Now beneath the waters of Folsom Lake, Mormon Island was a booming gold rush town settled my Mormon immigrants in 1848. In March of 1848, thee members of the Mormon Battalion named W. Sidney, S. Willis, and Wilford Hudson found gold here on the American River while deer hunting. When they returned to their camp and told others of their discovery, over 150 Mormons and miners converged on the site. This site was the first major gold strike after James W. Marshall discovered gold in Coloma.
By 1853, the town had grown to a population of more than 2,500. Multiple buildings had been built, including hotels, dry-goods stores, general merchandise stores, small shops, and an express office. The first ball in Sacramento County was held here on December 25, 1849. In 1856, a fire destroyed the town and was never rebuilt. In 1955 the site of the former mining town was inundated by Folsom Lake. When lake levels are low, remnants of the town can be observed.
The marker for Mormon Island is at the Folsom Lake State Recreation Area at Folsom Point picnic area, 3 miles north east of Folsom. It can be reached via East Natoma Street and is at the end of the parking lot. Folsom Point is in a fee-use area.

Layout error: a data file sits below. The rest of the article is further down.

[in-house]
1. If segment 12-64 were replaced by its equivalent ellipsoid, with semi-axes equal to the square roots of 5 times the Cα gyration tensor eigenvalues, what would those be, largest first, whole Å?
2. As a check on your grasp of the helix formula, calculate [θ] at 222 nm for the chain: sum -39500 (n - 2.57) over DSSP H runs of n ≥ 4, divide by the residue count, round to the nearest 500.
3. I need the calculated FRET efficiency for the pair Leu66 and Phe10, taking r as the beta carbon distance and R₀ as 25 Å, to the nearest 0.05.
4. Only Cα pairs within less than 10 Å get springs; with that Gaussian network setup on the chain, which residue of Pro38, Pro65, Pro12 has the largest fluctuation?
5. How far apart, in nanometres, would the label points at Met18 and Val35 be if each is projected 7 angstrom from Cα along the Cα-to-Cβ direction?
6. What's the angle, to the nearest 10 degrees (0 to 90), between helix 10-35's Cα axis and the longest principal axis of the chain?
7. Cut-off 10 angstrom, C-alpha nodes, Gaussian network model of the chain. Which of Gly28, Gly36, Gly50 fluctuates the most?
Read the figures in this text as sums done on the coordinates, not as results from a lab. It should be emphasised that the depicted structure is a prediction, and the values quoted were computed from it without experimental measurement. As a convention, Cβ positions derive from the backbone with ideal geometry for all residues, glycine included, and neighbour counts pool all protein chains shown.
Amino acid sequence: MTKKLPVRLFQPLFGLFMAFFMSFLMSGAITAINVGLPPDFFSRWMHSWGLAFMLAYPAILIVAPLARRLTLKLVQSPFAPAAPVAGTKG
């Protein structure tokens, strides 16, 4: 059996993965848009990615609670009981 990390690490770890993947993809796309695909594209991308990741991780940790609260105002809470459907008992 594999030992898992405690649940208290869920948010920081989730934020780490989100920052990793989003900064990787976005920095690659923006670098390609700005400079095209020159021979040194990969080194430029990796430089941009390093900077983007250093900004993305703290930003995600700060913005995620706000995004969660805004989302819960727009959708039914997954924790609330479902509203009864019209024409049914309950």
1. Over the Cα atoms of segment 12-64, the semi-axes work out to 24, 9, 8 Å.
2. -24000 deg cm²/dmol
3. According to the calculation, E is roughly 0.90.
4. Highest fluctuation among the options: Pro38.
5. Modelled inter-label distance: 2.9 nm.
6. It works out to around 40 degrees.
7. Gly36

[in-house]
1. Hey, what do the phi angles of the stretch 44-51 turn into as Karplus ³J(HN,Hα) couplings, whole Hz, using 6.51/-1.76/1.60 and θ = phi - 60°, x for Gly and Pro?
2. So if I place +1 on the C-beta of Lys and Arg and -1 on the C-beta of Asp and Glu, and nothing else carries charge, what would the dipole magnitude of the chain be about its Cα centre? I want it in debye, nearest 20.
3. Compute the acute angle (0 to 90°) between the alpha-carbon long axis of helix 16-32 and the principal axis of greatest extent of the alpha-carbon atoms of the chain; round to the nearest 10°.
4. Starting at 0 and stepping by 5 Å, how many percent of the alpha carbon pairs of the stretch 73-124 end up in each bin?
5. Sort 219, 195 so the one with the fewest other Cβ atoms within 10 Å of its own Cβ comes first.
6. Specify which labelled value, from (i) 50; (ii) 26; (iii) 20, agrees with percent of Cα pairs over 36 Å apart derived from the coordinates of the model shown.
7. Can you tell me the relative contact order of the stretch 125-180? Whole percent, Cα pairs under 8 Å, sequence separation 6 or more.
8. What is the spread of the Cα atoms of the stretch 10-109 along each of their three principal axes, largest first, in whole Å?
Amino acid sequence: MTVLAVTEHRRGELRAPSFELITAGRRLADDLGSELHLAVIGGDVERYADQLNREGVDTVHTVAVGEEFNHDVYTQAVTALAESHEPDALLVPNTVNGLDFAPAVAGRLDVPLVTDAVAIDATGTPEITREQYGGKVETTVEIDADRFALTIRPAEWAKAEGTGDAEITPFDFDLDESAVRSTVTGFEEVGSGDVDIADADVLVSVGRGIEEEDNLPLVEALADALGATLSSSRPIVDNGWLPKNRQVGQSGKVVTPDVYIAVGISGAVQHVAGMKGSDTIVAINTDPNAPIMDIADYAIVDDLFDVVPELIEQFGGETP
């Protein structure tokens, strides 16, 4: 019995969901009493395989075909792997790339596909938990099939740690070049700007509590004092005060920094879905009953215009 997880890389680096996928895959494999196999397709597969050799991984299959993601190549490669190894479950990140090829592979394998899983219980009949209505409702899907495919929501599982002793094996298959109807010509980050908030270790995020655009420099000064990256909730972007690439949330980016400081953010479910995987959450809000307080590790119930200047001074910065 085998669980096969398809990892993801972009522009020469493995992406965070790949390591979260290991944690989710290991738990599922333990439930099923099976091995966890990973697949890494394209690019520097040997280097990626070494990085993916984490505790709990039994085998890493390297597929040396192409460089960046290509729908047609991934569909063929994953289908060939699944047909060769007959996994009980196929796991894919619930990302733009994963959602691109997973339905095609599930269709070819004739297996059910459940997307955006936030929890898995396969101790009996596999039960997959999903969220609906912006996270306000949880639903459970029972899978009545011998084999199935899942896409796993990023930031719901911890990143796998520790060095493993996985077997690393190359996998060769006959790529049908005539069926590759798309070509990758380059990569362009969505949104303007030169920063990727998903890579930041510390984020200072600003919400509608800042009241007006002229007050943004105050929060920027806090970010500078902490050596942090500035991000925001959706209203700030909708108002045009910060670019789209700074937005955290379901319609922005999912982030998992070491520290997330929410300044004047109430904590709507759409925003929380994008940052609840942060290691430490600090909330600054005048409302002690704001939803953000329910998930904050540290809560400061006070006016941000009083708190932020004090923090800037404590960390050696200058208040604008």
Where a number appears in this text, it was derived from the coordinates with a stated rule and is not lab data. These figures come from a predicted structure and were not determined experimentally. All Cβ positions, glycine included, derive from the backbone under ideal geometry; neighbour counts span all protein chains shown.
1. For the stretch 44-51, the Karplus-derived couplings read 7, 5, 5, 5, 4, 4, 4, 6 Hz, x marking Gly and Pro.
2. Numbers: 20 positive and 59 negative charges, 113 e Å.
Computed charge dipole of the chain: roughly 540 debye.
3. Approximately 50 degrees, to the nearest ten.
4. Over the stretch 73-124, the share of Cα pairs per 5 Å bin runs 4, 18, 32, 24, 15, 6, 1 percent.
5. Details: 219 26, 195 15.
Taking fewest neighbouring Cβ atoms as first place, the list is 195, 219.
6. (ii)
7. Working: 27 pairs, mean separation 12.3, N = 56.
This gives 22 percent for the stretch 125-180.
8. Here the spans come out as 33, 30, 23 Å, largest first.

El Dorado County
Stretching from oak-studded foothills and the shores of Folsom Lake to the western shore of Lake Tahoe, El Dorado County is probably best known for the 1848 gold discovery at Coloma. “Old Hangtown” sprang up during the Gold Rush and was later renamed Placerville. The county name comes from the mythical land rich in gold sought by Spanish explorers. The first inhabitants of El Dorado County were the Maidu and Miwok Indians, followed by miners attracted to the area by the Gold Rush.
El Dorado County was one of the original counties in California. The Pony Express Trail ran through the county approximately where Highway 50 is today, from April 3, 1860 to October 26, 1861. The first county seat was Coloma, and it was superseded by Placerville for this position in 1857. El Dorado means “the gilded one” in Spanish; a fitting name considering the mines in El Dorado County produced millions of dollars of gold.